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Speed limit on the quantum highway

Propagation velocity of quantum signals

Munich, 01/26/2012

A quantum computer based on quantum particles instead of classical bits can in principle outperform any classical computer. However, how fast and how efficient realistic quantum computers may actually be remains an open question. One critical parameter in this context is the velocity with which a quantum signal can propagate within a processing unit. For the first time, a group of physicists from the Quantum Many-Body Systems division at the Max-Planck Institute of Quantum Optics (Garching near Munich) and LMU Munich, in close collaboration with theoretical physicists from the University of Geneva (Switzerland), has succeeded in observing such a process in a solid-state-like system. The physicists generated a perfectly ordered lattice of rubidium atoms and then induced a quantum excitation – an “entangled” pair of a doubly occupied lattice site next to a hole. With the aid of a microscope they observed how this signal moved from lattice site to lattice site. “This measurement gives insight into very elementary processes involved in the communication and processing of quantum information, Professor Immanuel Bloch, the leader of the division, points out. (Nature online, January 25, 2012)

The communication and processing of information in a quantum computer is based on concepts that are inherently different from those used in classical computers. This is due to the fundamental differences between quantum particles and classical objects. Whereas the latter are, for example, either black or white, quantum particles can take on both colors at the same time. It is the process of measurement itself that compels the particles to adopt one or other of the two possible properties. As a consequence of this peculiar behavior, two quantum objects can form one entangled state in which their properties are strictly connected, i.e. quantum correlated. At present there is no general model for predicting how fast a quantum correlation can travel after it is generated.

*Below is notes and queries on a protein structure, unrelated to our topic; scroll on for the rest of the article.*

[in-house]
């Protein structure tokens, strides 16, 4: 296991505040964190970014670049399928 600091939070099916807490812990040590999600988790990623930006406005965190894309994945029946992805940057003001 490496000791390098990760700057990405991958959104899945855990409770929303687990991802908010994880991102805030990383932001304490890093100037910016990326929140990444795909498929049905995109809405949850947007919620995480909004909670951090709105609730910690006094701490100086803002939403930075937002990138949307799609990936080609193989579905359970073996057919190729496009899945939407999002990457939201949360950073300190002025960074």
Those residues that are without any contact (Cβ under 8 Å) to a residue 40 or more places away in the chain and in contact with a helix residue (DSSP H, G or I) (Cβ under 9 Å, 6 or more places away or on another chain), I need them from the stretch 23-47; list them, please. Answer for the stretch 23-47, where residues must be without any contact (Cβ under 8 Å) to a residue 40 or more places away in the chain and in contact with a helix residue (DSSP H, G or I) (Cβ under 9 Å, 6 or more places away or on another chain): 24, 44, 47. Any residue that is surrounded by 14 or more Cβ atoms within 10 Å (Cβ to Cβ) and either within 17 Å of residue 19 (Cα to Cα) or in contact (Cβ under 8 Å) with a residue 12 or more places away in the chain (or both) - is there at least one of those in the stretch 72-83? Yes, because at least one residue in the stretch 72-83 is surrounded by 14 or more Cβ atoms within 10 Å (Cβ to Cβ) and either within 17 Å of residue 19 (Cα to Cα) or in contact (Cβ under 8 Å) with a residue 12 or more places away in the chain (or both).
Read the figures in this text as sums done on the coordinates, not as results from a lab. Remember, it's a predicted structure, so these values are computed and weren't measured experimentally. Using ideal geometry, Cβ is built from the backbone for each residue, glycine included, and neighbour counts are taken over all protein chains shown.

Now physicists from the Quantum Many-Body Systems division have been able to observe such a process directly. They start the experiment by generating an extremely cold gas of rubidium atoms. The ensemble is then kept in a light field which divides it into several parallel, one-dimensional tubes. Now a second light field, a standing laser light wave, is superimposed on the tubes. The periodic sequence of dark and bright areas forces the atoms to form a lattice structure: exactly one atom is trapped in each bright spot, and is separated from the neighboring atom by a dark area which acts as a barrier.